For those who elect to use Excel 2011 (Mac), please be aware that for Problem Set 6, you’ll need to use a different version of Excel. Excel 2011 doesn’t yet implement all features of charting that are required to solve Problem Set 6.
Microsoft Word
You need Word, from Office 2007 or later, to write some of the documents that accompany your course project. Be certain that the version of Word you have is an English edition.
A Web browser
You need a Web browser to read this material, to read the homework assignments, and to read the narrative part of the homework solutions. Examples of browsers that suffice are Google Chrome 17.0 or later, Mozilla Firefox 7.0 or later, Internet Explorer 7.0 or later, or Apple’s Safari version 4.0 or later. Other browsers might work, but we don’t make any guarantees. And please verify that you’ve enabled JavaScript.
Microsoft PowerPoint or Adobe Reader
The slides for each class are available as PowerPoint presentations, Adobe Acrobat files, and at the Web site as Web pages. You’ll need PowerPoint 2007 or later to read them in PowerPoint format; Adobe Reader version 6.0 or later to read the Acrobat files; or a Web browser as mentioned above to read them as Web pages. You don’t need all three. Any one will do.
The Web page version is probably best for users of mobile devices, when you have Internet access. To read the slides on a mobile device at times when you are without Internet access, the Acrobat version is best, but you’ll need a way of storing and reading Acrobat files on your mobile device. For example, on iPhones or iPads, you can use iBooks for this purpose.
Computer operating system
Windows XP or later, or MacOS 10.6 or later.
Virus protection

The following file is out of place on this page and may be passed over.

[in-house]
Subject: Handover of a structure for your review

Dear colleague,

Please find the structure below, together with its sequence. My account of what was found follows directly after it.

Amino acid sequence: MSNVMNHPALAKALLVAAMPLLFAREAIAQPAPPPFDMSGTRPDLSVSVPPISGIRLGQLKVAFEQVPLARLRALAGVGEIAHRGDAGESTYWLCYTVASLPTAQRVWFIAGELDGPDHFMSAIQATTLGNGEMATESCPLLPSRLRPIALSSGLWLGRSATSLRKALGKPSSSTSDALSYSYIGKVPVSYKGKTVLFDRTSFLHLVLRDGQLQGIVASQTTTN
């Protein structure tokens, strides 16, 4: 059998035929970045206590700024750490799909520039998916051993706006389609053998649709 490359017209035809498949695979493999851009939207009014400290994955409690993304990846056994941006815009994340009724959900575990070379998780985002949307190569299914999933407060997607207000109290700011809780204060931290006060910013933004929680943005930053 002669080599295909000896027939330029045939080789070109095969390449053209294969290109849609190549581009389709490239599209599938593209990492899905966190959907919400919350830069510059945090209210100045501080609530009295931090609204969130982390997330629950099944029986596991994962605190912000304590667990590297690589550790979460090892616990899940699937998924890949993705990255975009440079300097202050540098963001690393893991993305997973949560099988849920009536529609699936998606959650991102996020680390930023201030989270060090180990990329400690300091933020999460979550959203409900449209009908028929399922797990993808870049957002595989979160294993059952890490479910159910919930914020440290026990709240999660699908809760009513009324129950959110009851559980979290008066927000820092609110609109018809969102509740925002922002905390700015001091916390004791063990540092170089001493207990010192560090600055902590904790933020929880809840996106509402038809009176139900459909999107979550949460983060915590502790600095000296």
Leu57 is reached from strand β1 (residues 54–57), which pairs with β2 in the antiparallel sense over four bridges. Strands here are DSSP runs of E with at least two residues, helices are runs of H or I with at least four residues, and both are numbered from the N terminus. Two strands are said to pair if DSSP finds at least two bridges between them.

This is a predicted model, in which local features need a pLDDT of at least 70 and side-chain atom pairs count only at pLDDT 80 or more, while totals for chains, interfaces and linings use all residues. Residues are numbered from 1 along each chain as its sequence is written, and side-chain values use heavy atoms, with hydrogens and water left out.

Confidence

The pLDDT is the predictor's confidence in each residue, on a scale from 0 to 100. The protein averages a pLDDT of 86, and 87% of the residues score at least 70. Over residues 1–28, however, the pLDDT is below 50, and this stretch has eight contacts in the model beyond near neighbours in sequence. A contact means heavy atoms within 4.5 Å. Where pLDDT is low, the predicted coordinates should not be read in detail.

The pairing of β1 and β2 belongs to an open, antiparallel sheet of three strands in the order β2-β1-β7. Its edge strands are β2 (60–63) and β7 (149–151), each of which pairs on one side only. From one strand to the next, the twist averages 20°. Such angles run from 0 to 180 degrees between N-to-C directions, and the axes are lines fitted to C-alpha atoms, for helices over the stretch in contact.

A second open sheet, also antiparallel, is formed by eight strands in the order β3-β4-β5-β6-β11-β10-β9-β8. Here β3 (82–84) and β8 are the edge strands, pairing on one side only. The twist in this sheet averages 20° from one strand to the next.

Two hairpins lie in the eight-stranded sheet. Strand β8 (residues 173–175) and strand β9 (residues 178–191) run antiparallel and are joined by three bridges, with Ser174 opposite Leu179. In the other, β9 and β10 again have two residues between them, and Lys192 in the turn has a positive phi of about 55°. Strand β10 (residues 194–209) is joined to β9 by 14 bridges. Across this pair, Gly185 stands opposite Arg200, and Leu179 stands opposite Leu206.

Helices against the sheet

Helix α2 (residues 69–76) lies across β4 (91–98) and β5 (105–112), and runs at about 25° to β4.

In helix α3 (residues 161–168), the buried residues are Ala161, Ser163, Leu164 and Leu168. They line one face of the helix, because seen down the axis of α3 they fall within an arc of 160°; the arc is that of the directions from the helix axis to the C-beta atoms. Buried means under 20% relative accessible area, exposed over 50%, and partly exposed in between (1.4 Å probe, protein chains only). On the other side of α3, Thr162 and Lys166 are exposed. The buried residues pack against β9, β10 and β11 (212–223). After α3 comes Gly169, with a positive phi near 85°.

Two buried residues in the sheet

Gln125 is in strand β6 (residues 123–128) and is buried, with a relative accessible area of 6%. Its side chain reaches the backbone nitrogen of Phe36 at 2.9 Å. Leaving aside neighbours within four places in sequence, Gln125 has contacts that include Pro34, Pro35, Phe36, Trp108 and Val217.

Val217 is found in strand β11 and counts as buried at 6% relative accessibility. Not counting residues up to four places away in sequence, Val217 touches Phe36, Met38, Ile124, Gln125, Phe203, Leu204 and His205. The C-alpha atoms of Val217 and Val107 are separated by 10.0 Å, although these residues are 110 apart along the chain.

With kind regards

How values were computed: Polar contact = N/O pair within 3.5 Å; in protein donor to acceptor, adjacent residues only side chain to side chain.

You also need protection from software viruses.

The Microsoft Office files included in this course, such as PowerPoint slides, Excel solutions, Excel demonstrations, and the Excel add-ins, are offered in OpenXML format, which is the format of Office 2007+.

Last Modified: Wednesday, 27-Apr-2016 04:15:26 EDT

Deciding What to Read

The first homework assignment has a fair amount of reading attached to it. Some students feel that the best approach is to read it all, and then try to do the homework. For most of us, such an approach doesn’t work very well.

Before you begin the course, read the general material, such as “Getting Started,” “Software You Need for This Course,” and “How to Work.”

Later, as you begin the homework, let the homework drive your reading choices. For instance, the first homework assignment does require that you master certain techniques. Read “Names” and “The Ripple Principle.” Then, if something confuses you, read up on it: examples are “The Basics of Recalculation” and “References.” Learning something when you need it, and only when you need it, is usually the best way to go.

Avoid Redundant Parentheses

Parentheses sometimes make a real difference. For instance A1*B1+2 is very different from A1*(B1+2). But A1*(B1*2) is exactly the same as A1*B1*2. When the parentheses don’t make any difference in the value of the result, it’s not usually a good idea to include them. They tend to make the formulas harder to read, and there’s always the chance that you’ll put them in the wrong place. More